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Comment Re:What can be done about it? (Score 1) 126

Well, what could be done is obvious and simple: get rid of the patent office altogether. The problem with that is really in how to do the above, which is really hard and there's actually two issues: One, most people think a patent office helps, especially in areas other than computers, like medicine, when in fact the same problems exist there. It's just that in our industry, it moves much faster so we can see the problems more clearly, but they do exist in all industries as well. It's also mentioned in the Constitution rather directly, in one of the very few mistakes the founders made. Article 1, Section 8: "Congress shall have the power ... To promote the progress of science and useful arts, by securing for limited times to authors and inventors the exclusive right to their respective writings and discoveries". Now of course, having the power and using it are two different things, but call me a little skeptical on the ability of Congress to restrain itself.... Two, there's the issue of all the time and money spent now on acquiring and defending patents, so those companies which have patents and patent lawyers would be a heavy and focused lobby group against eliminating the patent office. And they would definitely use the people who foolishly believe the office helps to spread the word, couched no doubt in terms of, "But what about the small-time inventor?".

Comment Re:First off... (Score 1) 774

*If* we take your definition of gunfire crime only, then yes, I'd agree. The problem with that definiton is that the pro-gun stance is that *all* crime, especially violent crime, would be at worst the same, but probably lower, if gun ownership was encouraged. From http://www.telegraph.co.uk/news/uknews/law-and-order/5712573/UK-is-violent-crime-capital-of-Europe.html :

It means there are over 2,000 crimes recorded per 100,000 population in the UK, making it the most violent place in Europe. Austria is second, with a rate of 1,677 per 100,000 people, followed by Sweden, Belgium, Finland and Holland. By comparison, America has an estimated rate of 466 violent crimes per 100,000 population. France recorded 324,765 violent crimes in 2007 - a 67 per cent increase in the past decade - at a rate of 504 per 100,000 population.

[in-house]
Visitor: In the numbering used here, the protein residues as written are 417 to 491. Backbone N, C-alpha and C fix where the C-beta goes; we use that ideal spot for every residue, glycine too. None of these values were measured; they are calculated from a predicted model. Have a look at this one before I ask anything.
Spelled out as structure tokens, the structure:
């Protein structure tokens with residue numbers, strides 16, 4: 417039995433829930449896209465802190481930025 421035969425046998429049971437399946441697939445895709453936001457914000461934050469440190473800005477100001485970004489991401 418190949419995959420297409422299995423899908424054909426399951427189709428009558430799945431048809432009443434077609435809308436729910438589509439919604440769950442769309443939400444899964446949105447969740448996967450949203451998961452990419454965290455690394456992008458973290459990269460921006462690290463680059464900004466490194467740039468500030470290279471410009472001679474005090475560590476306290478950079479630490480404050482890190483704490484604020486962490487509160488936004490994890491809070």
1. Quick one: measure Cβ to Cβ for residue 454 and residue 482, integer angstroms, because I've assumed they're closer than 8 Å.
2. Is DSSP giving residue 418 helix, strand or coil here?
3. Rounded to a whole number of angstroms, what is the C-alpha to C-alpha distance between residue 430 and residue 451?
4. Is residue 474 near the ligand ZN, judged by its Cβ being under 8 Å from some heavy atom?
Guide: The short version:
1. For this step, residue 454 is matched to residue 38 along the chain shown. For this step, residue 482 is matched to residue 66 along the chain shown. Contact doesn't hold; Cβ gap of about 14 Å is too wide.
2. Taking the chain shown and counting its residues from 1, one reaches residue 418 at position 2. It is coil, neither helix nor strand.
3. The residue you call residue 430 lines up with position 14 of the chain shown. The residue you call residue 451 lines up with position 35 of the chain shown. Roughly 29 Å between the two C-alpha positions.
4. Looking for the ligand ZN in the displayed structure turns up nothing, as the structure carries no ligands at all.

Comment Re:WTF (Score 1) 709

Well for starters:

Sherman anti-trust Glass-Steagall Minimum Wage Act Wagner Act The Clean Air Act The Clean Water Act the OSH Act FMLA Sarbanes-Oxley

Pretty much all of those do actually help entrenched interests more, at the very least with cost of compliance if nothing more. Bigger companies and what not pay a smaller fraction of their total income to comply with laws (Sarbanes-Oxley for example), which makes it extra hard for newbies on a shoe-string budget to come in and challenge the old order, and the bigger interests will have a further legal/political line of attack against smaller ones to boot. You can be rest assured that ATT and Verizon will throw that 'net neutrality' book at any newcomer trying to get into the business. Beyond cost, which is bad enough, some are downright harmful in their own right, like minimum wage laws, that were originally enacted in the US with the help of the then predominately white unions in an effort to keep cheaper minority laborers from undercutting them. Basically, since companies had to pay more for workers anyway, all employers generally kept the higher skilled of their workers and fired the rest. More interestingly, there is evidence that minimum wage also allows employers to be crueler even to those that aren't fired. link: http://divisionoflabour.com/archives/006523.php So all in all, some very bad examples you gave here, but hey, you already got your +5 insightful from the slashdot crowd.

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